A Different Point Of View (Part 2)


There’s a big difference between class and street


In Part 1 of this blog, we focussed on searching for perfection in drills, especially on the defence side, in this blog we look at the higher end of your training and where it may take you.


During my classes throughout this year, I have tried to emphasise that there is no Tan, and there is no Bong, it is Tan/Punch or it is Bong/Lap/Fak Sau, but even this is not quite right, mainly because such training can easily allow the student to believe that this singular action is enough, when it is clearly not.


Never believe you will get the knockout, if you do get the K.O. then well done, but never expect it, especially when we consider that Wing Chun is supposed to be defending against the bigger stronger opponent, and it is for this reason that we must Tan/punch and continue the punching until the threat is gone.


The same for the Bong/Lap/Fak Sau, we do not stop there but continue, on and on until you are safe.


A fight, a sparring session, an exchange of Chi Sau, all of these can be thought of as engagement is the same way as a conversation, with that initial Tan/Punch or Bong/Lap simply being a ‘How do you do?’ to get things going.


To simply go no further with the conversation would be odd to say the least.


Likewise with teaching lengthy combinations, how on earth are we to possibly know how a conversation would run between two adversaries when we do not know their views or opinions, never mind what topic this chat will be about.


So do train your basics yes, but do not let each move be thought of as being the only move, to train this in a class is short and sweet, safe in fact, but it is also dangerous and irresponsible to allow a student to think that outside, this will then be the end of the matter.


It is not over until you make it over.


When we play Chi Sau there seems to be an unwritten rule that we do not tend to hit after we have been hit, and this is nice, it is polite, but I also think that from time to time this does need to be addressed, and for these same reasons.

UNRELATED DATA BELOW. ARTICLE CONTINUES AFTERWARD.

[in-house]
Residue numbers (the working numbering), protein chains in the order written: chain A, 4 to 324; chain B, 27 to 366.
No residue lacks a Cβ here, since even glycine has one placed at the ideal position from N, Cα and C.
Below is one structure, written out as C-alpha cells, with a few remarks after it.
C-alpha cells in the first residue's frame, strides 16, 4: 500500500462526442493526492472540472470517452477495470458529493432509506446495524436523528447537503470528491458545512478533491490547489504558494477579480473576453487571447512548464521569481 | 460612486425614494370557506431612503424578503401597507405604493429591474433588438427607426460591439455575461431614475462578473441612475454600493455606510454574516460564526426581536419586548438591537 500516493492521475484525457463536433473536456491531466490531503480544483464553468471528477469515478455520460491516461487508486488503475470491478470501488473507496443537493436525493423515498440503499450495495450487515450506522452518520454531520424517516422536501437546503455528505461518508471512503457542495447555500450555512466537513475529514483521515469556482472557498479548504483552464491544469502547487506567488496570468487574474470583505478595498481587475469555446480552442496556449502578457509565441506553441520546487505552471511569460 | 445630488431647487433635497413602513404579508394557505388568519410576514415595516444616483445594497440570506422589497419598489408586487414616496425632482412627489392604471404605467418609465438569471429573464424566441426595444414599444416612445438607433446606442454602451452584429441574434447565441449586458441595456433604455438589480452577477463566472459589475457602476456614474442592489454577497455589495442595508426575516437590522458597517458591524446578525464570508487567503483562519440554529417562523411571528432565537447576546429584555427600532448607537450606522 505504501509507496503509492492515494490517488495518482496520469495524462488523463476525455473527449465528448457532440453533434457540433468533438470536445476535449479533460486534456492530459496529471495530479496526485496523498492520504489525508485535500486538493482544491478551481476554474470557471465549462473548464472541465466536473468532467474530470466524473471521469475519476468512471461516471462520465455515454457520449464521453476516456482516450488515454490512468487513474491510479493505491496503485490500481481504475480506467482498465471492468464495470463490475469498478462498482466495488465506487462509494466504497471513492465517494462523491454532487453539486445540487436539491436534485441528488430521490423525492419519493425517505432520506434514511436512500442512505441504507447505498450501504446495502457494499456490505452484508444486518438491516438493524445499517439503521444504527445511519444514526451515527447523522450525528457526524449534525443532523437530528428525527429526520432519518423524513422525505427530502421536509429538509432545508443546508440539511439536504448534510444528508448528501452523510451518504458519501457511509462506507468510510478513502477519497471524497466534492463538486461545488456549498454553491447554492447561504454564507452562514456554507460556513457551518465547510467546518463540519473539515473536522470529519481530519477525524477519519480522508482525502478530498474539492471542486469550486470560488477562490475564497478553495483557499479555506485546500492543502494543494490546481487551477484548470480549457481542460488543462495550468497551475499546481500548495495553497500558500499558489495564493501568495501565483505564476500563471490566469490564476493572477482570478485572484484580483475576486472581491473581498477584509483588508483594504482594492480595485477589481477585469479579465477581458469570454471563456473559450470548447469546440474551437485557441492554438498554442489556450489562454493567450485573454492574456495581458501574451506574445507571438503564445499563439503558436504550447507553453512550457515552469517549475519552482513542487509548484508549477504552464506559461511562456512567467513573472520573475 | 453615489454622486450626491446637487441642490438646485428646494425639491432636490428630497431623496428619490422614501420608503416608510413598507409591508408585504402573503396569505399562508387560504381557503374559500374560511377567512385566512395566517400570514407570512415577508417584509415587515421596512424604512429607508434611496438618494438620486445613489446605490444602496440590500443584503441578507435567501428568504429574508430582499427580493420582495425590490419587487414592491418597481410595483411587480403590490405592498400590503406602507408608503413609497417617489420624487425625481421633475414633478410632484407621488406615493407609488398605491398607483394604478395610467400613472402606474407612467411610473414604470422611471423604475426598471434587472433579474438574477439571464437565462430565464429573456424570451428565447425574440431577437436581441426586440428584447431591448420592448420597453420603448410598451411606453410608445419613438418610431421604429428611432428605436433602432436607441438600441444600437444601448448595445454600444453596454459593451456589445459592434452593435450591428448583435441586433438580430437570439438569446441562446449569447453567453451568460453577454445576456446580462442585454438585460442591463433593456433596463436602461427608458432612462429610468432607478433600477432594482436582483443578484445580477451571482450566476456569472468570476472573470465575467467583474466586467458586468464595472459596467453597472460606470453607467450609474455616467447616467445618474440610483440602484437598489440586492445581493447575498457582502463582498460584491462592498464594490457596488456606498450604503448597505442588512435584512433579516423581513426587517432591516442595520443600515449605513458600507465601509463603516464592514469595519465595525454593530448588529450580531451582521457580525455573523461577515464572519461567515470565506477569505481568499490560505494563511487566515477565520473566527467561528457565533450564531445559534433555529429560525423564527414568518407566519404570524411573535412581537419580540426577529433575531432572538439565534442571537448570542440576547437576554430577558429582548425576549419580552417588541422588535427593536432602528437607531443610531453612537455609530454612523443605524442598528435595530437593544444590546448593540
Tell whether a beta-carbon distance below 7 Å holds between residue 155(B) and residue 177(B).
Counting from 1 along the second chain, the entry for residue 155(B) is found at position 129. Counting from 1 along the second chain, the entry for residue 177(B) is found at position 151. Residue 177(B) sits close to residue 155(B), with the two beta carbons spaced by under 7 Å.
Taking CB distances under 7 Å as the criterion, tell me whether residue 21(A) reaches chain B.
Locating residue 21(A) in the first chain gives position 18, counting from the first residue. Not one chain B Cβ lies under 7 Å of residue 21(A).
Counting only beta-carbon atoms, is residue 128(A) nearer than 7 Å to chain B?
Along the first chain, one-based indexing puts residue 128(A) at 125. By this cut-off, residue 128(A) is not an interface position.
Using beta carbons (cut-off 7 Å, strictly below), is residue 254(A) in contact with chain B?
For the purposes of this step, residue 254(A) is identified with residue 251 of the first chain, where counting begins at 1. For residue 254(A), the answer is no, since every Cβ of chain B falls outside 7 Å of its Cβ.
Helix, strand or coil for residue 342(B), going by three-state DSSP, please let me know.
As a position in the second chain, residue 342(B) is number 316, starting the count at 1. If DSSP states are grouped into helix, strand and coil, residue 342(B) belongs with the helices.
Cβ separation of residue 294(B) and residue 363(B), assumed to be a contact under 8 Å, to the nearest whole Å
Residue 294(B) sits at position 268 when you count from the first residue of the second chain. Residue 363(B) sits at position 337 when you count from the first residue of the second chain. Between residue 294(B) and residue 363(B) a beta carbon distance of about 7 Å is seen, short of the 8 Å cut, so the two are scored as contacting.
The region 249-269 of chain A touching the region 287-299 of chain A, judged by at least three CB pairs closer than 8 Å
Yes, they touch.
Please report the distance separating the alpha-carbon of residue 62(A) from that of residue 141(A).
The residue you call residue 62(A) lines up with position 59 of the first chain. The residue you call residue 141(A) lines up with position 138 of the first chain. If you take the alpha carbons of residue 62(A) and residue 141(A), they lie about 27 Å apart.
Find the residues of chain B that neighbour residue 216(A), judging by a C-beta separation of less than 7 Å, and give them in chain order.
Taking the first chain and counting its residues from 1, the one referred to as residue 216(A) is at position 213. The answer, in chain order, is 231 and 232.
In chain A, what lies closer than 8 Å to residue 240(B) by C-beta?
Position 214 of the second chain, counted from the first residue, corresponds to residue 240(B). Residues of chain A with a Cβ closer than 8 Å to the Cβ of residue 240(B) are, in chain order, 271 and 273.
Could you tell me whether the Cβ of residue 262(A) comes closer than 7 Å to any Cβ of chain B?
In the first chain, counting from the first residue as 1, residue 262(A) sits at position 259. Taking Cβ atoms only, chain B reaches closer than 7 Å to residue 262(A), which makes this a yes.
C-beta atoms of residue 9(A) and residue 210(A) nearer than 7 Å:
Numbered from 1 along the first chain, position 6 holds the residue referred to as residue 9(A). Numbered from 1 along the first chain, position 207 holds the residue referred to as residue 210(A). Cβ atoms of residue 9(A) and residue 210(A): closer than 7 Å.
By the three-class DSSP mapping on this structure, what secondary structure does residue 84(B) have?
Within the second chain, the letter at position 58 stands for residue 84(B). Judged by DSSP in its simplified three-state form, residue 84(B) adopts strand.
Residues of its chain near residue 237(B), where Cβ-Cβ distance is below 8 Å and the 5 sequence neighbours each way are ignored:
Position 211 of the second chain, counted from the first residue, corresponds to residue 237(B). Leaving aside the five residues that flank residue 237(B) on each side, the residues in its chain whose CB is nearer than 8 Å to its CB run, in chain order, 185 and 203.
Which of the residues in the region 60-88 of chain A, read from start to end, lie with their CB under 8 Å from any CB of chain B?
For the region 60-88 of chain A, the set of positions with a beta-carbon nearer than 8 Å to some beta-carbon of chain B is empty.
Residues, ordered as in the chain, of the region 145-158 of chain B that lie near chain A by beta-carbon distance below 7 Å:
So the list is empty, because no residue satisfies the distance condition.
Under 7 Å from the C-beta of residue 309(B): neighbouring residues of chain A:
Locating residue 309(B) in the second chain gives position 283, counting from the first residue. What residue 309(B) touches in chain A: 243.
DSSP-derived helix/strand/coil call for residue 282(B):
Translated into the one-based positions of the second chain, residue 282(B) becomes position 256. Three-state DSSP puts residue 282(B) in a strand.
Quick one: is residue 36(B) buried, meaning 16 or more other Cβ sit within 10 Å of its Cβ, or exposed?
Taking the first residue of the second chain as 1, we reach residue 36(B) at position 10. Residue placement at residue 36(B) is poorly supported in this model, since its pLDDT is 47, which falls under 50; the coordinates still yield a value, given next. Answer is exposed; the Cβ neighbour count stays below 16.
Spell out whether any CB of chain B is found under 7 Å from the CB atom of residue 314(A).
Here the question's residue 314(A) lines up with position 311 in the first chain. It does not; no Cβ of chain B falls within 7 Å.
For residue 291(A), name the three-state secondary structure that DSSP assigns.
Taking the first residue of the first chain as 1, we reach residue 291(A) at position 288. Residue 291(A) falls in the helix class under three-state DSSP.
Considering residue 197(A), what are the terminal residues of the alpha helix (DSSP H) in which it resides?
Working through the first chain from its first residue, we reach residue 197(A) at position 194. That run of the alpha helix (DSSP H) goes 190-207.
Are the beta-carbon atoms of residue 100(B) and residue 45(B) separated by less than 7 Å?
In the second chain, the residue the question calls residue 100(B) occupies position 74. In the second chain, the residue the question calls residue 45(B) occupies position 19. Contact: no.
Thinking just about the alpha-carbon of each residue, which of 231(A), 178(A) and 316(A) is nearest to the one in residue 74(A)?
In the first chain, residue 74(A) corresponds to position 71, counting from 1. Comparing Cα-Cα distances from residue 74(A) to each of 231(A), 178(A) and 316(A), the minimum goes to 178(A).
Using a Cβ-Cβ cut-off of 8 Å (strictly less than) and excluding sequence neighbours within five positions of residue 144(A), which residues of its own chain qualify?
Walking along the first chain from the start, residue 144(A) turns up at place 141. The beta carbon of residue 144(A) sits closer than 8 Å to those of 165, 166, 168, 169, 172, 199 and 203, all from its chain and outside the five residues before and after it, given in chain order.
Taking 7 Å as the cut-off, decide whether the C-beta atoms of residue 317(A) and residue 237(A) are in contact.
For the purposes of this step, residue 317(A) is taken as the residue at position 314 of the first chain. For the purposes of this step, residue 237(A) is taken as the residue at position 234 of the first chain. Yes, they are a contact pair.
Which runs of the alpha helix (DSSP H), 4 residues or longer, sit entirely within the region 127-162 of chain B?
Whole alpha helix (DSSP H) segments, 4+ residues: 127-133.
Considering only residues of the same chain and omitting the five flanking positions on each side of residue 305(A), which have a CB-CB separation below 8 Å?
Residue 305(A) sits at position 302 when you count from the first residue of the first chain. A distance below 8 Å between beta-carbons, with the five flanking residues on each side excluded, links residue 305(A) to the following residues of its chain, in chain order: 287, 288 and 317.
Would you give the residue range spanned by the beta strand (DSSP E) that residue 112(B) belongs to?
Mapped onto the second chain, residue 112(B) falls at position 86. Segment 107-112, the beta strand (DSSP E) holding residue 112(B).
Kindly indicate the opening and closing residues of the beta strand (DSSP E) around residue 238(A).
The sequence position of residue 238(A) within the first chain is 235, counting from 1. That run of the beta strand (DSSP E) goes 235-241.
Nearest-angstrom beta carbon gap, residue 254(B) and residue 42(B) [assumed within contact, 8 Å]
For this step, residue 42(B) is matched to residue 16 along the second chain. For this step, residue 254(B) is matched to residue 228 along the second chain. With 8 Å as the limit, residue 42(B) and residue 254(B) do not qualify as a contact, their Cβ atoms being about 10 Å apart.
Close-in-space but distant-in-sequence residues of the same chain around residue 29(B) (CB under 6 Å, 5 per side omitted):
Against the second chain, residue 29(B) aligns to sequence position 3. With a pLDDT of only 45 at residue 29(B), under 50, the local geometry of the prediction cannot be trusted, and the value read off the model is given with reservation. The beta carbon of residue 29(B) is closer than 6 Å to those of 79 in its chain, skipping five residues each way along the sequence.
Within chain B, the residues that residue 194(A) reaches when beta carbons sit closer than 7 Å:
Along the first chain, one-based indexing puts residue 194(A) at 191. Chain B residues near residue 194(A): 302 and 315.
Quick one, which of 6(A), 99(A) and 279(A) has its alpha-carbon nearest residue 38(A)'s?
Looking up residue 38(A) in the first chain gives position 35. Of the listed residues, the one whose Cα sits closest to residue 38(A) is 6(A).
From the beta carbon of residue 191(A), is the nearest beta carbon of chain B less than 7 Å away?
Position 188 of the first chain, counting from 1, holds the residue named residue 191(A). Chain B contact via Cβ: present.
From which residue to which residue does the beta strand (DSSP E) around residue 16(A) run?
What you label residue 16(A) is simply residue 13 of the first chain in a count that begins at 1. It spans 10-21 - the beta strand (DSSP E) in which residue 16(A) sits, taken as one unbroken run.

Now, I fully understand that Chi Sau is not a fight, but it does take all the aspects from a fight situation and put them into a game format, therefore let’s, from time to time, remind ourselves’ of one of the main elements of a fight, both sides are always hitting, no matter if you managed to get one in or not!


I am not suggesting that we turn our Chi Sau into a scrap, not at all, all I am suggesting is two simple trains of thought.



If you manage to get a technique in while rolling, keep trying to get them in, do not stop after one well timed strike, THIS is the very principle you are going to need in the fight so why not train this mindset while playing your Chi Sau?



If you manage to get a technique, and you do keep attacking as mentioned in point one, never take your mind off of the defence side too.


It is all about balance, never do anything you cannot recover from, do not stop attacking if the gaps are there, and do not take your mind away from the need to still think defensively.


The way I am passing on this information may in some way imply that your only reason for training in Wing Chun should be for self-defence and fighting in general, but this is most definitely not the case.


Do not learn Wing Chun just to be able to fight, otherwise you could train for ten years for a fight which could last five seconds, or better still, train all of your life and never have that fight at all!


Try to think of the self-defence side of your training as a massive bonus, because as we know, you could train for just six months and it could save your life.


What I am saying is that while developing through your partner training, it is important that on occasion you remind yourself of what is realistic and what isn’t, class training is always a safe environment, the street is not.


Imagine if you came home to find a feral cat in your house, and after a chase you finally corner it, the cat is wild and in fear, what will happen when you suddenly thrust your hand forward and grab it?


The beast would go crazy on you, biting, scratching and kicking, probably tearing your hand to pieces, that is what you should expect in a fight.


When someone rushes at you in a fight, they are on level ten (just like that cat), you, will likely be on level four at best, so be prepared.


It is only when we compare such craziness of the street attacker to that of the tame singular defensive move of the schoolroom that we begin to realise where dangers may lurk.


This blog is in no way designed to scaremonger, it is purely to ask you to remember what dangers there MAY be in a real situation,

and to therefore, from time to time, address this mentality in your classwork.

Happy training everyone!




I’m a savage beast!








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